Natural forests of Pinus pineain western Turkey: a priority for conservation
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Identifying, surveying, monitoring and protecting natural forests is a major task in conservation biology. However, it is often challenging to identify which forest is natural, especially in human-altered regions such as the Mediterranean. Consequently, the distributions of natural Mediterranean forest types and their underlying factors are often unclear. Here, we attempt to explain the restricted and scattered distribution of naturalPinus pinea(Stone pine) forests in western Anatolia (Turkey) by comparing it with the distribution and ecology of the widespreadPinus brutia(Turkish pine) forests in this area. We used climatic and topographic predictors to test for differences between forests dominated by these two pine species. We modelled the realized niches of both pine species using the most relevant climatic predictors. Then, we compared soil data collected in the field, partly complemented with those published in the literature. We found small differences in climatic (precipitation and temperature) and topographic characteristics between the two forest types, which did not adequately explain the differences in the distribution range ofP. brutiaandP. pineadominated forests. Our data suggest that these two forest types mainly differ in soil characteristics. The primary habitat of naturalP. pineaforests is characterized by a low soil pH and calcium content. The rare occurrence of such soil conditions in western Anatolia likely shapes the scattered distribution ofP. pineaforests. Our study suggests that naturalP. pineaforests are rare habitats that should be in the focus of nature conservation.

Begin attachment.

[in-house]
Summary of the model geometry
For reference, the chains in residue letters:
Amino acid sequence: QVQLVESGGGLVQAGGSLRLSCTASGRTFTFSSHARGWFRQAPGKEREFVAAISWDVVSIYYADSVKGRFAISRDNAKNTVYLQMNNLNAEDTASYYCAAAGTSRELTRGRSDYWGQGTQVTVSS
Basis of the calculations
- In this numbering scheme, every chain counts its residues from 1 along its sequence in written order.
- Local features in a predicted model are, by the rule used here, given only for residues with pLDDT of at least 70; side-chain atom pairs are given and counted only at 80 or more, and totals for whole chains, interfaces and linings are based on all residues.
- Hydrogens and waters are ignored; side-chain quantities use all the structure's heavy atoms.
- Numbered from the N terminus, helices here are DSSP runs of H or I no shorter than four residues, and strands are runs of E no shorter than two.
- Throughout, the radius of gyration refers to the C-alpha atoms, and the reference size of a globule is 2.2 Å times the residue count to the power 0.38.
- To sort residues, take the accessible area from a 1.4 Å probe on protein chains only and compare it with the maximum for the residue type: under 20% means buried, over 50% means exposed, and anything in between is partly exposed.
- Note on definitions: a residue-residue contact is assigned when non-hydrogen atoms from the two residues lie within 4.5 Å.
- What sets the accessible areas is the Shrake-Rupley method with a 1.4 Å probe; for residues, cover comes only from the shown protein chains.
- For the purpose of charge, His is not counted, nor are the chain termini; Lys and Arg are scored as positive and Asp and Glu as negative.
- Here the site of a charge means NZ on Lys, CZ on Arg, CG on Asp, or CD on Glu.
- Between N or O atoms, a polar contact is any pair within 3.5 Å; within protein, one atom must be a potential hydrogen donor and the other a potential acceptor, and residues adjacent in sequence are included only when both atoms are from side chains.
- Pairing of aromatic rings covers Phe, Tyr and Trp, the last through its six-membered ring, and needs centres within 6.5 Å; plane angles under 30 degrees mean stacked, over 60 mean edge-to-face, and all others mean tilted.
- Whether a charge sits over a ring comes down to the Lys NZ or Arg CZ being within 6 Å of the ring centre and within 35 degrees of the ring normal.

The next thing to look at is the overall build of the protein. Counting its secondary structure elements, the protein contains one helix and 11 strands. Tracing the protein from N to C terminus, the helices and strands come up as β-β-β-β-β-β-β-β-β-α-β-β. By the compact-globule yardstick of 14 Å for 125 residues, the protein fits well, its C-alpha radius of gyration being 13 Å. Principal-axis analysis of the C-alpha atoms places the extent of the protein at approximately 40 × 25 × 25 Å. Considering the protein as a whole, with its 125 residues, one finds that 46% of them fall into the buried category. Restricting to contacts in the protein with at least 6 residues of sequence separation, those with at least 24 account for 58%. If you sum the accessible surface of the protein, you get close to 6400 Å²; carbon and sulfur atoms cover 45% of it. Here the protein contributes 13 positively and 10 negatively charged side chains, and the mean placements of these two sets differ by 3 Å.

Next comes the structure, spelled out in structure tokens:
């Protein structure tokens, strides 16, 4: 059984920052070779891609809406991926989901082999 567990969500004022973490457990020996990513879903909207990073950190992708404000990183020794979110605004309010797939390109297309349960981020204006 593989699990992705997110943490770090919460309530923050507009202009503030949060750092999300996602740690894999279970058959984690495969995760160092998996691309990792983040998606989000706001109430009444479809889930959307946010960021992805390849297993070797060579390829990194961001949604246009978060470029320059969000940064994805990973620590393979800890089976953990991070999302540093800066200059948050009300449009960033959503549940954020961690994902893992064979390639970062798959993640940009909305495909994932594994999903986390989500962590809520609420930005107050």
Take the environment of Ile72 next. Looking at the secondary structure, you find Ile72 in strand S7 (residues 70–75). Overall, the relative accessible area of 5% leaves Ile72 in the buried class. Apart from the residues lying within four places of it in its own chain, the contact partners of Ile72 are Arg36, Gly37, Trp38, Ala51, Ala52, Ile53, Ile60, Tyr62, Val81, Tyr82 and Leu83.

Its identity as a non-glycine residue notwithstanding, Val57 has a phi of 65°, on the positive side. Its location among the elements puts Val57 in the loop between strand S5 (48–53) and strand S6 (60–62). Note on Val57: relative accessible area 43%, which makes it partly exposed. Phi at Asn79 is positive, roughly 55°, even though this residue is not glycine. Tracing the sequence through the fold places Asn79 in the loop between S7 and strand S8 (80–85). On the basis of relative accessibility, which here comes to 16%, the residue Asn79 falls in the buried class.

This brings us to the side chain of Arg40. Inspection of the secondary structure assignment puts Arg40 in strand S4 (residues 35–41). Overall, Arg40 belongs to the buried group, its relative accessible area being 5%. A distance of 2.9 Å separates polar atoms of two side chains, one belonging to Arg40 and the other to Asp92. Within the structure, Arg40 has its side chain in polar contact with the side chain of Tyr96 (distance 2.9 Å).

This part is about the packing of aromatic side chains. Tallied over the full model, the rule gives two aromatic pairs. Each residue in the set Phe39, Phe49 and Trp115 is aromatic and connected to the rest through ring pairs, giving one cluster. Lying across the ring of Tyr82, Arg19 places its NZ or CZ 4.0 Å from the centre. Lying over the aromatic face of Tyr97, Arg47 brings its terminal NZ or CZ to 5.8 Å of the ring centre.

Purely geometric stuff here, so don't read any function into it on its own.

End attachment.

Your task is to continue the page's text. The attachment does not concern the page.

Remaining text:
- Makale